It’s tough being a teacher — and even tougher living on a teacher’s salary

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Fifth-grade math teacher Stacie Baur in her classroom at Clairton Elementary School. (Photo by Terry Clark/PublicSource)

Compelling personal stories
told by the people living them.

I have been teaching in the Pittsburgh area for the past decade. I chose a career in public education because I couldn’t imagine a better way to change the world.

Teachers educate and inspire the young people who will be the leaders of tomorrow. When I walk into my classroom, I’m witnessing the future take shape.

But it’s tough being a teacher, and it’s even tougher living on a teacher’s salary.

I hold certifications in elementary education, special education and English as a Second Language [ESL]. My bachelor’s degree is from Robert Morris University, and my master’s is from Waynesburg University. I paid my own way through college and graduate school, and today I owe about $130,000 in student loan debt.

With my degrees, my certifications and my decade of experience, would you believe that my salary is about $43,000 per year? I teach fifth-grade math in the Clairton City schools, but you don’t need a math degree to know that after I pay my $650 student loan payment, there isn’t a whole lot left to cover my other monthly expenses.

So, to make some extra money, I wake up at 4 a.m. to teach an online ESL class for children in China. I do that for about two hours before heading to school to start my regular teaching day. I even work the online job over the weekend, from 4 to 10 a.m. both days. Even with the extra income, it is still tough getting by.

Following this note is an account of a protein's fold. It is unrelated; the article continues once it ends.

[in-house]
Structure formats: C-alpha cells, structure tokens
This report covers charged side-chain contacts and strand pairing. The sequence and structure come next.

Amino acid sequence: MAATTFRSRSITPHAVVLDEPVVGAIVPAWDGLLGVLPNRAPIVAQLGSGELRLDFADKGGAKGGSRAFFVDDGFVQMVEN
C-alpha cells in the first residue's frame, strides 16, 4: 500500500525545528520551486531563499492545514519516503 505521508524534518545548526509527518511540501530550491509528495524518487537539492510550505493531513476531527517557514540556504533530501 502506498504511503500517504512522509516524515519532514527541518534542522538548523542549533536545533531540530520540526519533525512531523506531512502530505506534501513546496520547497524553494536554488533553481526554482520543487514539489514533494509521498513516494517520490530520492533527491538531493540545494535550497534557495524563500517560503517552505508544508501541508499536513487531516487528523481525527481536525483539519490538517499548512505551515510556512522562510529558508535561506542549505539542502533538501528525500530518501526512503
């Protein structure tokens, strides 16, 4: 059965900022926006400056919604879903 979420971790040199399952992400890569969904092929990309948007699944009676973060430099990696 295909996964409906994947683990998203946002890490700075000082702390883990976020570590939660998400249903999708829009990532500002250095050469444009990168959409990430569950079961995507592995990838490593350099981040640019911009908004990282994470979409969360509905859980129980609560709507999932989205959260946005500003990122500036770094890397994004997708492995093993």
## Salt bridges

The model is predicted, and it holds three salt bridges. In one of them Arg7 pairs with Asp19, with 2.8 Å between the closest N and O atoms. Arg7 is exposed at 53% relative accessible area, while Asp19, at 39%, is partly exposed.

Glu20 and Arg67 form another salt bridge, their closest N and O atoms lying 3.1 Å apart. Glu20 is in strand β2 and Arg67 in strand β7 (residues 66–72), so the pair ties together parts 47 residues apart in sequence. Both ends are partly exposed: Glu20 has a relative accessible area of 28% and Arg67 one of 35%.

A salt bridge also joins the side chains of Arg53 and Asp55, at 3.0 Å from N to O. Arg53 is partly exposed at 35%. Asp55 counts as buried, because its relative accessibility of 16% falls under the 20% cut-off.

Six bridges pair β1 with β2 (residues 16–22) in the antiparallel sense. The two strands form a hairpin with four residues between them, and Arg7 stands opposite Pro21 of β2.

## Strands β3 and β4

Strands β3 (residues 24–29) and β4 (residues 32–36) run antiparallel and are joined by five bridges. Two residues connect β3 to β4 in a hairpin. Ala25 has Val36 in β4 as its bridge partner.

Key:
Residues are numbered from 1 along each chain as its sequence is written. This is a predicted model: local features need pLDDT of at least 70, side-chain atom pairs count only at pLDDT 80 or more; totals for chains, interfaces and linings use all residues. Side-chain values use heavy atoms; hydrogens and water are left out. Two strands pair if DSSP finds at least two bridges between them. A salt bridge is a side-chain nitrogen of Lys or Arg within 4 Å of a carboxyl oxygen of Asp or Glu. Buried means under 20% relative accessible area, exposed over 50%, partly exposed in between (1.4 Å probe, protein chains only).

I am not alone. There are hundreds of other teachers like me, serving in struggling school districts who are barely scraping by.

Gov. Tom Wolf has a plan to raise the minimum teacher salary from $18,500 to $45,000 per year and to provide state funding to struggling districts that want to pay their teachers more but don’t have the local resources. The governor wants teachers like me to be able to focus on educating my students, not worry about how I’m going to pay the bills. For me, this change would mean a $2,000 raise — a significant sum. For others, the change may be more and even convince them to not leave teaching as a profession.

Clairton math teacher Stacie Baur talks to Alex Spence (right) during an after-school student leadership program on May 10. Listening is Ka’mya Burrell (left). The students were making thank you cards for teachers. (Photo by Terry Clark/PublicSource)

There is bipartisan support for the proposal in the General Assembly. I think that policymakers basically understand that when we level the playing field and give struggling school districts the resources they need to attract the best and brightest to teach, that’s good for students.

Every year, I see teachers leave my school district because of the low pay. Sometimes they go on to teach in neighboring school districts that pay better. Sometimes they leave the profession altogether.

When people ask me why I stay, the answer is simple. I enjoy and love my job. My students – my kids – need me. And I’ll never leave them. I am a teacher and don’t want to be anything else.

My husband and I want to buy a house. We talked about having a family. The sad reality is we don’t think we can afford to do so. In addition to my other jobs, I take part in multiple extracurriculars for the school district and have very little time for anything other than work.

All educators should be paid fairly, and students should have every opportunity to be in classrooms with great teachers. That’s the goal, and I’m proud to play a small part in it.

Stacie Baur is a fifth-grade math teacher in the Clairton City School District. She can be reached on Twitter @BaurStacie.

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